It was a bright spring morning and Betty, the beetle, was wide awake.
She knew she wasn’t supposed to go outside alone. It was such a lovely day, so what could possibly go wrong? Poking her nose up through the soft, dark Earth she wiggled her antennae. The air smelled warm and welcoming. Up she went, out of the hole.
High above her was a spider’s web draped between the leaves of a plant. The web was sparkling with dew. Betty was so busy looking at the shiny drops, she didn’t notice the kitten. The kitten crept towards her. He was about to pounce when Betty saw him. She scurried away, straight up the stem of the plant. Up, up, up, she went, away from those sharp, pointy claws. The kitten padded sadly away. He’d only wanted to play.
Half-way up the plant Betty tried to go back down — but, oh, dear, she couldn’t move. She was stuck in the web. As she squirmed in the fine, sticky threads the web started to bounce and shake, telling the spider that something was caught. “Oh, no,” thought Betty, as a big brown shape came hurrying towards her. She was going to end up — a spider’s breakfast!
Just in time Betty tore herself free and ran right to the top of the plant. The disappointed spider went back to her hiding place to wait for another unwary insect to come along.
Up on the top leaf, Betty sat shaking with fear. Another narrow escape — she would have to be more careful. At the bottom of the garden she could see someone digging. Push, lift. Push, lift. She wondered what he was digging for. Perhaps, he was looking for potatoes, or some lovely orange carrots.
She was so busy watching that she didn’t spot the bird high above her. Just like the spider, he was searching for some breakfast, too. A beetle would be perfect. Down he swooped, coming straight for her. He opened his beak wide and…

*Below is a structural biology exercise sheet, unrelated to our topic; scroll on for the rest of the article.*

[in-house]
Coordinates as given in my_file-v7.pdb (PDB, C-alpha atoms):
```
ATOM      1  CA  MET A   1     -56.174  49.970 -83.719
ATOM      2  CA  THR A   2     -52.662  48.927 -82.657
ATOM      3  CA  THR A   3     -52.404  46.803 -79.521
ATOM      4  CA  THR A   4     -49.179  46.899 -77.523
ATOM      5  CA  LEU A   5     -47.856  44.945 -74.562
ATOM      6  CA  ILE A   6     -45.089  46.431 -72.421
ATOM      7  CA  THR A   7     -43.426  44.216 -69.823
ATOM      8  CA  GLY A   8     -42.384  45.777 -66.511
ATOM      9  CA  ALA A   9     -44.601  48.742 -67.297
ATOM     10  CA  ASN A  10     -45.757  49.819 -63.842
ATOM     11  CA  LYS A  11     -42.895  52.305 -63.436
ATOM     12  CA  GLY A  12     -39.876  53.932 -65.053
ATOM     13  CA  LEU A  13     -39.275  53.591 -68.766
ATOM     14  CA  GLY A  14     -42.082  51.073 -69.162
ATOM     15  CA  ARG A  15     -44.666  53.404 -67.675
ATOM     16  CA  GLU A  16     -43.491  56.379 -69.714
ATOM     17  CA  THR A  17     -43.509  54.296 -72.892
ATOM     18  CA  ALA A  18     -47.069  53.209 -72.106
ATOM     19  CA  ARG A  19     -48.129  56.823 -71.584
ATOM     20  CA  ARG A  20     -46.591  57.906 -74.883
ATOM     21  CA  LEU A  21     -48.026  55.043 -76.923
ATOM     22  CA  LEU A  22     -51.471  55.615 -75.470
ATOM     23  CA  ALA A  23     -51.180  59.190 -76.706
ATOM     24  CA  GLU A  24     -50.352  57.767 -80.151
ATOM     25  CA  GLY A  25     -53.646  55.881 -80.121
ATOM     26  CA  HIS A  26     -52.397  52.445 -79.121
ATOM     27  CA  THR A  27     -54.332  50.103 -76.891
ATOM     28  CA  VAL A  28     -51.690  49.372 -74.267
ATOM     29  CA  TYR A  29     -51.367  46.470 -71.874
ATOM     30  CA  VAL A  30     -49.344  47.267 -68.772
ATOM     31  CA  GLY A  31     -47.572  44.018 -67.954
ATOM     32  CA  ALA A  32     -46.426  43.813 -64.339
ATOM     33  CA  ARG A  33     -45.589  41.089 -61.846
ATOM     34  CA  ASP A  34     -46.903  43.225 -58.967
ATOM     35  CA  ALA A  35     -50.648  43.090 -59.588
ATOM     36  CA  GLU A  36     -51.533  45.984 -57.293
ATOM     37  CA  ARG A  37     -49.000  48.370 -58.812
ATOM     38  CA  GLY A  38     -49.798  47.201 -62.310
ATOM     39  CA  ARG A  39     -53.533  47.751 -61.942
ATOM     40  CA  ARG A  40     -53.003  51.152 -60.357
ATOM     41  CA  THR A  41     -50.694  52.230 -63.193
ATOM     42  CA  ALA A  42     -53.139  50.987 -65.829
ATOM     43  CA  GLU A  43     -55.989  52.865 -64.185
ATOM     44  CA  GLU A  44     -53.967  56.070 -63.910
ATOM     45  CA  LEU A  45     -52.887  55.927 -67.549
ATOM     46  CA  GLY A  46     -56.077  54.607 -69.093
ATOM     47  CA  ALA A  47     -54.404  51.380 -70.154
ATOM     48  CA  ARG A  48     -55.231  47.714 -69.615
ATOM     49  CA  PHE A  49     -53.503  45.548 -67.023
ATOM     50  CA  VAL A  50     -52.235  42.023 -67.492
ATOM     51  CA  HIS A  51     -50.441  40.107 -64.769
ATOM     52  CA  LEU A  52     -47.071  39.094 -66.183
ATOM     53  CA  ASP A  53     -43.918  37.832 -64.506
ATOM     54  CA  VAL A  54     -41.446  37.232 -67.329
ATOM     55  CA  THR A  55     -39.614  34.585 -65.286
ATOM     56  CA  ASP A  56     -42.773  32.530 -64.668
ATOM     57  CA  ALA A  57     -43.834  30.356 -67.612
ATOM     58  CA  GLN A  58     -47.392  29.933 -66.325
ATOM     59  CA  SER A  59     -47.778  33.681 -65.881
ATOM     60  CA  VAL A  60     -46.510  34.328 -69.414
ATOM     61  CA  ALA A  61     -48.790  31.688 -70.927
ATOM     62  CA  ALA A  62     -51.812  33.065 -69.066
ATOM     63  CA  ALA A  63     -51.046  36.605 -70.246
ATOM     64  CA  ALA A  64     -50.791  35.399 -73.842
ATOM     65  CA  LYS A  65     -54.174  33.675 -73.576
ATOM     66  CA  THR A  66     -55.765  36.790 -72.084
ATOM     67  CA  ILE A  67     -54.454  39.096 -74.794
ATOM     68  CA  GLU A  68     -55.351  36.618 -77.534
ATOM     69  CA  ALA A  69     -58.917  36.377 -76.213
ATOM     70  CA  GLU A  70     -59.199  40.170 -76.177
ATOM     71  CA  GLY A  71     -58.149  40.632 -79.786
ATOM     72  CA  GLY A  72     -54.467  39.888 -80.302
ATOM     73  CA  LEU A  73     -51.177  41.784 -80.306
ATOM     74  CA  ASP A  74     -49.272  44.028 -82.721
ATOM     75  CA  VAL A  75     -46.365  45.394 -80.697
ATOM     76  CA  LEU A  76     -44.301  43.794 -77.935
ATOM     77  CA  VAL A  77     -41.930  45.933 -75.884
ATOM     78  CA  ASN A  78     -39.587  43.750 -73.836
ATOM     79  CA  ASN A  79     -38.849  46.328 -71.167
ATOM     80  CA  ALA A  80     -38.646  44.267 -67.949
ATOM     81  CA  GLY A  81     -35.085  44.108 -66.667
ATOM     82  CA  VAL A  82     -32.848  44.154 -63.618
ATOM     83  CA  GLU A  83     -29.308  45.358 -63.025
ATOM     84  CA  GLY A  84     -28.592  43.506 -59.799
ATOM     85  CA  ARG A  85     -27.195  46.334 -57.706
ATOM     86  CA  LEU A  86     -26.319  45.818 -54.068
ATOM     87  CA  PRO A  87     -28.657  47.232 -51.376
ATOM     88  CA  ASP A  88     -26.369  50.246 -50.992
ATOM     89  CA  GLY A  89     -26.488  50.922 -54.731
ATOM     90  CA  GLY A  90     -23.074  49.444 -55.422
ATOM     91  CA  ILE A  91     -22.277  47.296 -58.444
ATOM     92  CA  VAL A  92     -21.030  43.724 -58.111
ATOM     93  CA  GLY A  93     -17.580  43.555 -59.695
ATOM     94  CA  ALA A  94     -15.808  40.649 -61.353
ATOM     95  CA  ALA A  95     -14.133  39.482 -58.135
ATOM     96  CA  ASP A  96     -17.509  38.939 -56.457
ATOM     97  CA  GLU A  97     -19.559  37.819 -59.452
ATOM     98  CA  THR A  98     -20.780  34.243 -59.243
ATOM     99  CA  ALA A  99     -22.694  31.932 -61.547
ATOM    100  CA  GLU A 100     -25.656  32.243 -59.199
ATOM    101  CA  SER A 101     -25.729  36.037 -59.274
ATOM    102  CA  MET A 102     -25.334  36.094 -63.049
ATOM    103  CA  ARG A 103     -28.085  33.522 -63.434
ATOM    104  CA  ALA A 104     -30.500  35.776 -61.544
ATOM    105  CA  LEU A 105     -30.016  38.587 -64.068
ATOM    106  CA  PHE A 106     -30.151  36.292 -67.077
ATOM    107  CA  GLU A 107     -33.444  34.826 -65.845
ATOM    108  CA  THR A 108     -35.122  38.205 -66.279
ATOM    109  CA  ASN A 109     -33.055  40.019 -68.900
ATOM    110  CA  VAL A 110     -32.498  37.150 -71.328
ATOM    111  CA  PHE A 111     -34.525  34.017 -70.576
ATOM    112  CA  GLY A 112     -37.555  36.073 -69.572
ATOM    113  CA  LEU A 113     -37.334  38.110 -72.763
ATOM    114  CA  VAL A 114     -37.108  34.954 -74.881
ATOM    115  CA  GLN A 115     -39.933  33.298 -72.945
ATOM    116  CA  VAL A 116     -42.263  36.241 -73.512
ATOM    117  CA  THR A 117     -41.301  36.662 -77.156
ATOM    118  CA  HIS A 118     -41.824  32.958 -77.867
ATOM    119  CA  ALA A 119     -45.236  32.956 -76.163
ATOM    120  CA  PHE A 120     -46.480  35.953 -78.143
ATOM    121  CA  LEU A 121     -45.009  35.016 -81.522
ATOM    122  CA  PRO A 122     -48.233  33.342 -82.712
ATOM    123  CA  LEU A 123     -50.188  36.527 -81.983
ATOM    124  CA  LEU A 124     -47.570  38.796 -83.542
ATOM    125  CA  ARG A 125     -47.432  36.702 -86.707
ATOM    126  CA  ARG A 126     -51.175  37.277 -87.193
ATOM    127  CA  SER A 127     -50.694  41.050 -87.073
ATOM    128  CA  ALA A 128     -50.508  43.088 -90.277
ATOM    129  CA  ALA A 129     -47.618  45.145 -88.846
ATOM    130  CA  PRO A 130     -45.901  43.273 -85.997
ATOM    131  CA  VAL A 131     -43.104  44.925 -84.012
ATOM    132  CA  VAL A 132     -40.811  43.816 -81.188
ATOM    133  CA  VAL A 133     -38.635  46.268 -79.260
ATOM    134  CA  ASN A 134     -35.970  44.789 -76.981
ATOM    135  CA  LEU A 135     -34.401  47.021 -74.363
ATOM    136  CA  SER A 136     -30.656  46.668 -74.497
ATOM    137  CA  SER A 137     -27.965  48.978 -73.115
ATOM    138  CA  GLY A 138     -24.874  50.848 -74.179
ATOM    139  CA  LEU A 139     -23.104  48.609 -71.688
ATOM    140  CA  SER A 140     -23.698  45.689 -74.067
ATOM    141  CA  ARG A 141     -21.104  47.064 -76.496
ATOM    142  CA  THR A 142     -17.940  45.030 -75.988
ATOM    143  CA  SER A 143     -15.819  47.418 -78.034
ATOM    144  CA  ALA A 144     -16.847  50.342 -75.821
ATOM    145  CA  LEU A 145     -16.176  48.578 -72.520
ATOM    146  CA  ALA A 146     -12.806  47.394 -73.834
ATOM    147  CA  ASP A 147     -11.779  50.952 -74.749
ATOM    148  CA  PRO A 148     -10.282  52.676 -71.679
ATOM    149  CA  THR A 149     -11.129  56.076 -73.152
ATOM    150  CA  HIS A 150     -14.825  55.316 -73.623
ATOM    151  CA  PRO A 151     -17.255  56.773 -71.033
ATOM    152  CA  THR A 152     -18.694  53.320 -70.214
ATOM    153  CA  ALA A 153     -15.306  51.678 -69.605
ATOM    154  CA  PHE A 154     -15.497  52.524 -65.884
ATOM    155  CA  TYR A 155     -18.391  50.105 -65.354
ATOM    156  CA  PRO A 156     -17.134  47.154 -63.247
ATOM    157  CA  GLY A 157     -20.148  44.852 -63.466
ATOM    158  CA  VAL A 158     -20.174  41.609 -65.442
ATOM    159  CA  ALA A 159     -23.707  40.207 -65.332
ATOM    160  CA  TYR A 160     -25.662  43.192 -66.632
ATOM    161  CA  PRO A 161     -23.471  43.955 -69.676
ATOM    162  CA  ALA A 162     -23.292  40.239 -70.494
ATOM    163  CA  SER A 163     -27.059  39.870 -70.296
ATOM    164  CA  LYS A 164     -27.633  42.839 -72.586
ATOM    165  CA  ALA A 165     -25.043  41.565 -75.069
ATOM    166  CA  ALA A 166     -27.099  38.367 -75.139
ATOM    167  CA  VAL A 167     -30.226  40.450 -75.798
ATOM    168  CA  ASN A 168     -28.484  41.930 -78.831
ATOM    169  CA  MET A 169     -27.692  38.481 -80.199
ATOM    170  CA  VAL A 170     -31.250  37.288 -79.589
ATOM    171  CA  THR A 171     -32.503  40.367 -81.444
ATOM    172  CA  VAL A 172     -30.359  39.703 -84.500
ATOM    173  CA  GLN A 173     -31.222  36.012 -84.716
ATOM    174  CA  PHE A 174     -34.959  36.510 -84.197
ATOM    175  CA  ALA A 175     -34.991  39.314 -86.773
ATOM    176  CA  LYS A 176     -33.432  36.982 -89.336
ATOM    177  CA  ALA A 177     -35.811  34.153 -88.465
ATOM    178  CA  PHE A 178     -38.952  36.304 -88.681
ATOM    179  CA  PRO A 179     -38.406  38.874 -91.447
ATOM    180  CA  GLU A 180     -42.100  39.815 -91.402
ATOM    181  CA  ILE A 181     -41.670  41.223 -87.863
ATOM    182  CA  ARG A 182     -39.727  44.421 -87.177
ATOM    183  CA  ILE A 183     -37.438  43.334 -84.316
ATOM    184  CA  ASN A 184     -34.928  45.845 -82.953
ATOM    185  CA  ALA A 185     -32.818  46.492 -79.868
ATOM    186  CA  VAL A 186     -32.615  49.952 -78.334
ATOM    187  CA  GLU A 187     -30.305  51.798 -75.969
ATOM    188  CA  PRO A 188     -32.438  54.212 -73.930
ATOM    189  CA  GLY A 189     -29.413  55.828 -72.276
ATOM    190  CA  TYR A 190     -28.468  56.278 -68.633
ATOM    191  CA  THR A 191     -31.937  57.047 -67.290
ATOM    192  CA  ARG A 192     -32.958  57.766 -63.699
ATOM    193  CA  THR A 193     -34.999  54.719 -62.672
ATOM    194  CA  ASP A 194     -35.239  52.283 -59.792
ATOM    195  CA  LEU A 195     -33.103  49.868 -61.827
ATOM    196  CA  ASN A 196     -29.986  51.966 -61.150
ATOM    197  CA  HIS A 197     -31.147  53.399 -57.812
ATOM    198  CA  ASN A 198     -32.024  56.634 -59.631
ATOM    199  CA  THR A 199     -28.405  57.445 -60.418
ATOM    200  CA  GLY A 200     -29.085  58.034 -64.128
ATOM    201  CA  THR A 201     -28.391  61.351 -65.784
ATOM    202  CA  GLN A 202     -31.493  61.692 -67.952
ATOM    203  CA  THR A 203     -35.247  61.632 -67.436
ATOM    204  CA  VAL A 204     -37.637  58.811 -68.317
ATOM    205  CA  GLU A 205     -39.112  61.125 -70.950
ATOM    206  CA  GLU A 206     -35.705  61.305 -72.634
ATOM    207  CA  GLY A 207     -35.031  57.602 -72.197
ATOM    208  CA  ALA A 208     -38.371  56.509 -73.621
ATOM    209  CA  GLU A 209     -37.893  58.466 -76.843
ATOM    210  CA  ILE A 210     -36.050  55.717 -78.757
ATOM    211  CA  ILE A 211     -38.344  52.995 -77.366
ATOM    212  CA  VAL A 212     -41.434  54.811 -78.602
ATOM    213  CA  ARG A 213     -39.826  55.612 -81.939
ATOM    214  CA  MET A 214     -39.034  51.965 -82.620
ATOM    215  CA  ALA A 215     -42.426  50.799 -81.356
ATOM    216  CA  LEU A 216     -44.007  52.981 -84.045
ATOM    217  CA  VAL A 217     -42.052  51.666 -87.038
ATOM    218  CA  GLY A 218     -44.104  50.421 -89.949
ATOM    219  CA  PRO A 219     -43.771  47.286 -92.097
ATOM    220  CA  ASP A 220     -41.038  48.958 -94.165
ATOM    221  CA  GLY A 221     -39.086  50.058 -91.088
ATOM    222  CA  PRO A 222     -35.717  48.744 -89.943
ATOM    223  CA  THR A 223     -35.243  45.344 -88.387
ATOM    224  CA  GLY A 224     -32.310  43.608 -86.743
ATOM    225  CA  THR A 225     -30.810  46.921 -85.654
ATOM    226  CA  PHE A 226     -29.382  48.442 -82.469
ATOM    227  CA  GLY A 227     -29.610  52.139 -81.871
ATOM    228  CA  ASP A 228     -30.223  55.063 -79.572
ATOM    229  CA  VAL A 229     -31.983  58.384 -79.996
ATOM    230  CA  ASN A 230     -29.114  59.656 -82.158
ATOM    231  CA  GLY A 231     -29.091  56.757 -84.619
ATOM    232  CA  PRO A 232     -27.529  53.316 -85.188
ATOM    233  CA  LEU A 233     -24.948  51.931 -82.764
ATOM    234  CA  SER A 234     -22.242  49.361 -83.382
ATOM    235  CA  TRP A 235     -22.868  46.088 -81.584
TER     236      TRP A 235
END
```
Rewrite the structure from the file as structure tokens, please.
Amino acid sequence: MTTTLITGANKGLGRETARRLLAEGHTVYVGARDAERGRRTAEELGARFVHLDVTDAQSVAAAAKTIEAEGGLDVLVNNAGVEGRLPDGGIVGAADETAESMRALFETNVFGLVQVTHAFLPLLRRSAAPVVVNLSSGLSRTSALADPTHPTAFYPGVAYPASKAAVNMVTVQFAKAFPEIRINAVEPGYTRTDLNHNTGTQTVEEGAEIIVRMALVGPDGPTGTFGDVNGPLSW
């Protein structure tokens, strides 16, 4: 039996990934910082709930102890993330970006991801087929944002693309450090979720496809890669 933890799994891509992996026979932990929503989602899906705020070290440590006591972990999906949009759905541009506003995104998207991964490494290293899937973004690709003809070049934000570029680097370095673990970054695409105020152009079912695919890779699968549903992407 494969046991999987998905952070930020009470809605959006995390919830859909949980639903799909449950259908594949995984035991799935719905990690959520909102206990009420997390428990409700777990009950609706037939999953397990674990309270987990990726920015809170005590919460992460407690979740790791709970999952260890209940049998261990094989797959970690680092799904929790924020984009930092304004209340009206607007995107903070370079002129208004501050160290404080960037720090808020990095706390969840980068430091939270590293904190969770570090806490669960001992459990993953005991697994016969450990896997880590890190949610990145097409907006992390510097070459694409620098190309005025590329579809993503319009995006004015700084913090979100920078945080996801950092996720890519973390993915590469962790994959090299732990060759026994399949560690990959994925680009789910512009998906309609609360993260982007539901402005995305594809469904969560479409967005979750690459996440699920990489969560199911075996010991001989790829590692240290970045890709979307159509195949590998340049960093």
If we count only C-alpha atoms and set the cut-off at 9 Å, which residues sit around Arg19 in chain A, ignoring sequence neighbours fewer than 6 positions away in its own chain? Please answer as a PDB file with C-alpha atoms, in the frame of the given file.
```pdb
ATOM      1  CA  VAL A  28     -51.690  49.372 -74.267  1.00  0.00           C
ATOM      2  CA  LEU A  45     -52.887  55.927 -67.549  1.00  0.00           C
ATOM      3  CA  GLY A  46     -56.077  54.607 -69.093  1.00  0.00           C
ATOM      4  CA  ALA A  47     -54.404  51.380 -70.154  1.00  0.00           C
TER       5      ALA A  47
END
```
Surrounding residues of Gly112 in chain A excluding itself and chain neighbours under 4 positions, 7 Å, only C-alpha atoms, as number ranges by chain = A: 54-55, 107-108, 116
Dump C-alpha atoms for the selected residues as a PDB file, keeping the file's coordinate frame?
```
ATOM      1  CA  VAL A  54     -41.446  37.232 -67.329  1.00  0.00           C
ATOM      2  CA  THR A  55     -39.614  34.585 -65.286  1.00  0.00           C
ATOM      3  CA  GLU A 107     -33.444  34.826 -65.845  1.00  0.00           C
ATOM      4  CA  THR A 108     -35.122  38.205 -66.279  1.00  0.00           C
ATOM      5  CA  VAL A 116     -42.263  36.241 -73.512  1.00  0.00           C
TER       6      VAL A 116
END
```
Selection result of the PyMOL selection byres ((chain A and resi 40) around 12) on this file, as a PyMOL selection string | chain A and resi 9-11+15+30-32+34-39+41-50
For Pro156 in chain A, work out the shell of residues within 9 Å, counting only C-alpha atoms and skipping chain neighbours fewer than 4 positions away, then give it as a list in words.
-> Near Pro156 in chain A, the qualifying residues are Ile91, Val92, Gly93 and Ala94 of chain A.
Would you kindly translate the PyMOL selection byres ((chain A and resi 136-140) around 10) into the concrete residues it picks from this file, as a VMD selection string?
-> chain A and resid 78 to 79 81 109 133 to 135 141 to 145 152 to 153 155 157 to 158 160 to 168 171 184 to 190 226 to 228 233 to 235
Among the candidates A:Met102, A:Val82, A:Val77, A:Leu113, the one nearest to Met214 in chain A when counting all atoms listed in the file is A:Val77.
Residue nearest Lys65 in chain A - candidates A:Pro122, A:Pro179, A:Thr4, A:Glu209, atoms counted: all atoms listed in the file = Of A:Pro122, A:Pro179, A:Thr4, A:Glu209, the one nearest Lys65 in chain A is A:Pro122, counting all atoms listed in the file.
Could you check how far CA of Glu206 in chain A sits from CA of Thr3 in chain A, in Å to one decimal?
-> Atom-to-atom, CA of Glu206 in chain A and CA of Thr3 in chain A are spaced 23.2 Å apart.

Suddenly, Betty felt the rush of air across her back. She scuttled away, right to the tip of the leaf. The bird swooped on past but Betty couldn’t stop. Over the edge she went, tumbling onto the path. She landed upside down on the ground, where she lay waving her tiny legs in the air. She was tired after so much running. She couldn’t turn herself over. Soon, she stopped struggling and lay still.
After a moment everything grew dark. A huge shape was looming over her. Had the kitten come back to get her? Was it the spider still looking for a meal? Or, had the bird returned? Betty closed her eyes, too frightened to look. But, instead of being gobbled up, she was flipped over onto her tummy. She looked up to see the gardener’s friendly face smiling down at her.
“Go on, little lady,” he said, “off you go.” And, he gave her bottom a gentle prod.
Betty scuttled down into the warm, dark earth. That was excitement enough for one day, she decided. She was going home to Mom and Dad back, where it was safe.
LOOK OUT, LUKE
It was the twins’ first day at playschool and Luke was really excited about it. But, his sister Kerry wasn’t so sure. What happened at playschool anyway? They were met at the door by Miss Moss, a large, jolly lady with long, dark hair done up in a plait and shiny black shoes that squeaked as she walked.
“Welcome, children,” she said, “I’m sure you’re going to have a lovely time here at Parkview Playschool. As you can see there are lots of things to play with and lots of children to make friends with.” In a flash Luke was off to play with the toys, but Kerry stayed close to Mum.